Marvel Premiere #6, 1973 “The Shambler from the Sea”

You know, you’d be hard-pressed to convince me that there was a better age than that of the Bronze Age of comic books. The mix of personalities, both in the books, and within the ranks of the creative offices were outstanding. When you realize all of the creators from previous ages that were still around, plus add in all the new, exciting talent that was making their way into the industry, you were privileged to see an age of entertainment that hasn’t happened since, and probably never will. In this next issue of Marvel Premiere, you get to see the Doc get out of the frying pan and into the fire! Trying to fight a cult, and the entity they worship was bad, but when you have a situation like this issue presents, it just doesn’t get any crazier! The Doc has escaped the clutches of the cult of Sligguth, but now faces another being that is even a bigger challenge because it lives underwater!

The creative team is similar to the previous issue, in that Gardner Fox is still writing. But, the pencils are now by Frank Brunner! And if that wasn’t groovy enough, you get Sal Buscema on inks! Throw in Gaspar Saladino on letters, Roy Thomas editing, and another great cover by  Mike Ploog, and you a recipe for awesomeness!   Image (51) Image (52) Image (53) Image (54) Image (55) Image (56) Image (57)

Marvel Premiere #5, 1972 “The Lurker in the Labyrinth”

Continuing with more of the Doctor Strange run in Marvel Premiere, this story is a continuation from the last, and shows the Doc fighting for his life against some crazy cult that has people looking like the Sleestak’s from Land of the Lost! These worshipers of evil also can apparently summon an unseen force to stop people, and even severely weaken the Sorcerer Supreme himself. So, in short, the Doc must overcome a lizard-like entity, his hundreds of hypnotized followers, and restore the town to its peaceful regularity, and oh yeah, all without hurting/killing any of the people who are enthralled! Yeesh!

This magnificent story, like the last issue, is loosely based off of a story by the legend himself, Robert E. Howard. The book’s creative team is nothing short of groovy as well! Writer extraordinaire, Gardner Fox, did very little work for Marvel Comics, but his overall contributions to the comic book industry are nothing short of Herculean. The pencils for this issue are by a man I’m not too familiar with (I’ve seen a couple of pages of his works in reprints of Golden/Silver Age horror/sci-fi stuff), but Irv Wesley (Sam Kweskin) did a fine job. One of the reasons I feel the artwork looks as good as it does, is from the inks of Don Perlin! I’m a big fan of his work, and you should be too! Rounding out the creative team is letter Sam Rosen, and editor Roy Thomas! Oh, and let us not forget the unbelievable cover by the one and only Mike Ploog!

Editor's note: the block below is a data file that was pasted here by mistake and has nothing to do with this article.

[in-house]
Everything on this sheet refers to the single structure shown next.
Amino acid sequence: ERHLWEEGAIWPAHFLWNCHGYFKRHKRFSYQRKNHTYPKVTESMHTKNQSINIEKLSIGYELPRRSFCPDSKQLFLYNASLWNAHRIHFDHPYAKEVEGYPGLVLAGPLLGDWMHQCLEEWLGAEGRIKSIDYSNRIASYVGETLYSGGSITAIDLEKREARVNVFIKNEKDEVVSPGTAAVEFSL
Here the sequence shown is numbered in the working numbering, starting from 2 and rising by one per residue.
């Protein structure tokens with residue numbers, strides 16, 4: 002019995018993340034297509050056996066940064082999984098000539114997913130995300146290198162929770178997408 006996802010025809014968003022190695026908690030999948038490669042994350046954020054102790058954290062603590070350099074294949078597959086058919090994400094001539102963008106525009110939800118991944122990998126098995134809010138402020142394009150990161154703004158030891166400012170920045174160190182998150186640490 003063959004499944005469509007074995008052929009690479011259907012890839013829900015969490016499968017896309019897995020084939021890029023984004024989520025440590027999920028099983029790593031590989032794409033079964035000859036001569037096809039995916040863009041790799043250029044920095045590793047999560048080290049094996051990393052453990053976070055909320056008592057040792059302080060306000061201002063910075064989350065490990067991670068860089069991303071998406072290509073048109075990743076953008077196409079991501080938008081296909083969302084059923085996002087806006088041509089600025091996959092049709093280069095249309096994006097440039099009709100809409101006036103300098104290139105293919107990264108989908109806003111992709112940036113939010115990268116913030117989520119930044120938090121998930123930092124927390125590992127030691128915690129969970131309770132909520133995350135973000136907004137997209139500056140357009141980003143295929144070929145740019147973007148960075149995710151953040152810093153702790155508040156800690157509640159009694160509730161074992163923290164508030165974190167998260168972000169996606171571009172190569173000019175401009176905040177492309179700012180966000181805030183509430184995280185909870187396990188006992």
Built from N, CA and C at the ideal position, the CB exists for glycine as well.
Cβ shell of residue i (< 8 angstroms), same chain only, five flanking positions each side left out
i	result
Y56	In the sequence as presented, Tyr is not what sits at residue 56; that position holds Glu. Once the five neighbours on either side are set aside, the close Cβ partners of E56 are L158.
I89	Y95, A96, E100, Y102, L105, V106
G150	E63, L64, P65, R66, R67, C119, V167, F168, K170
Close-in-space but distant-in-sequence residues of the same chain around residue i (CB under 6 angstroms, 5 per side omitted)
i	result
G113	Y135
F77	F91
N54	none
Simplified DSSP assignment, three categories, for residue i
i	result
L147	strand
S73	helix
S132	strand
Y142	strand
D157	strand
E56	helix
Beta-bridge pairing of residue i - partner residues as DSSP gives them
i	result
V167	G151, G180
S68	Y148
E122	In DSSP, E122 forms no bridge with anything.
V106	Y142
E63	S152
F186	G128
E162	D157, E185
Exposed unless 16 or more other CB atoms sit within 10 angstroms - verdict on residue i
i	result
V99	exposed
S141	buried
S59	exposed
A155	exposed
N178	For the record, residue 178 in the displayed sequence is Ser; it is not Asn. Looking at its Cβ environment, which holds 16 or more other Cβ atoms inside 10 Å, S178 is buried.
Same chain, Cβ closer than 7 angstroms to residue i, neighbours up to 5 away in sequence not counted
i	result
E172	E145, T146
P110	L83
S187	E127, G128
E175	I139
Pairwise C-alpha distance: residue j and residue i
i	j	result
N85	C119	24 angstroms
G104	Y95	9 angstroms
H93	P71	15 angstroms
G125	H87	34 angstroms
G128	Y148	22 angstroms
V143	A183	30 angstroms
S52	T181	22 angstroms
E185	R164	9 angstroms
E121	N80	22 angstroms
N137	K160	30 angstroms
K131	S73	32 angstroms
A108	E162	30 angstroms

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Marvel Premiere #8, 1973. “The Doom That Bloomed on Kathulos”

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As if Dr. Strange, Clea, and Stonehenge wasn’t enough, you get a story inspired by the fantasy legend, Robert E. Howard, scripted by Gardner Fox, pencils by Jim Starlin, and inks by Frank Giacoia! This A-list creative team brings us a tale of the good ‘ol Doc, as he and Clea have faced down trial after trial lately. In this issue, Strange finds out that not only must he face Kathulos in some dark, creepy dimension, but that if he does, waiting in the wings is his master Shuma-Gorath! We also see in flashback, these last few days, and its bizarre adventures. From an undersea nightmare, to another demon, spawned to serve Shuma-Gorath.

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Throughout the book, we get amazing work by Starlin, and it really shows how great he would have been on a title like this one. Don’t get me wrong, I love Frank Brunner, Gene Colan, and all the other artists on the different series, but the awesomeness of Starlin’s work cannot be denied! Just look at those panels, by Starlin, Giacoia, Hunt, and Goldberg! Let us not diminish the writing by comic book great, Gardner Fox! His Golden and Silver Age work is nothing short of astounding (JSA, Starman, Sandman, etc.)!

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Adapting the works of a great writer like Howard doesn’t hurt your chances at making something great either though. Howard’s countless creations (Conan, Kull, Solomon Kane, etc.) have inspired hundreds of writers, artists, and authors for decades. And I’m sure they will for many more to come! See you soon!

100 Page Super Spectacular #DC-22, 1973 “The Flash”

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I figured I might as well keep rolling with the DC Comics theme for today as well. Another fantastic piece of work form Nick Cardy, too! The more you look at this man’s body of work, the more you’ll certainly appreciate the loss the industry suffered when he passed away. Other creators in this book include- Gardner Fox, Carmine Infantino (RIP), and John Broome! This book is packed full of stories involving the fastest man alive! Enjoy!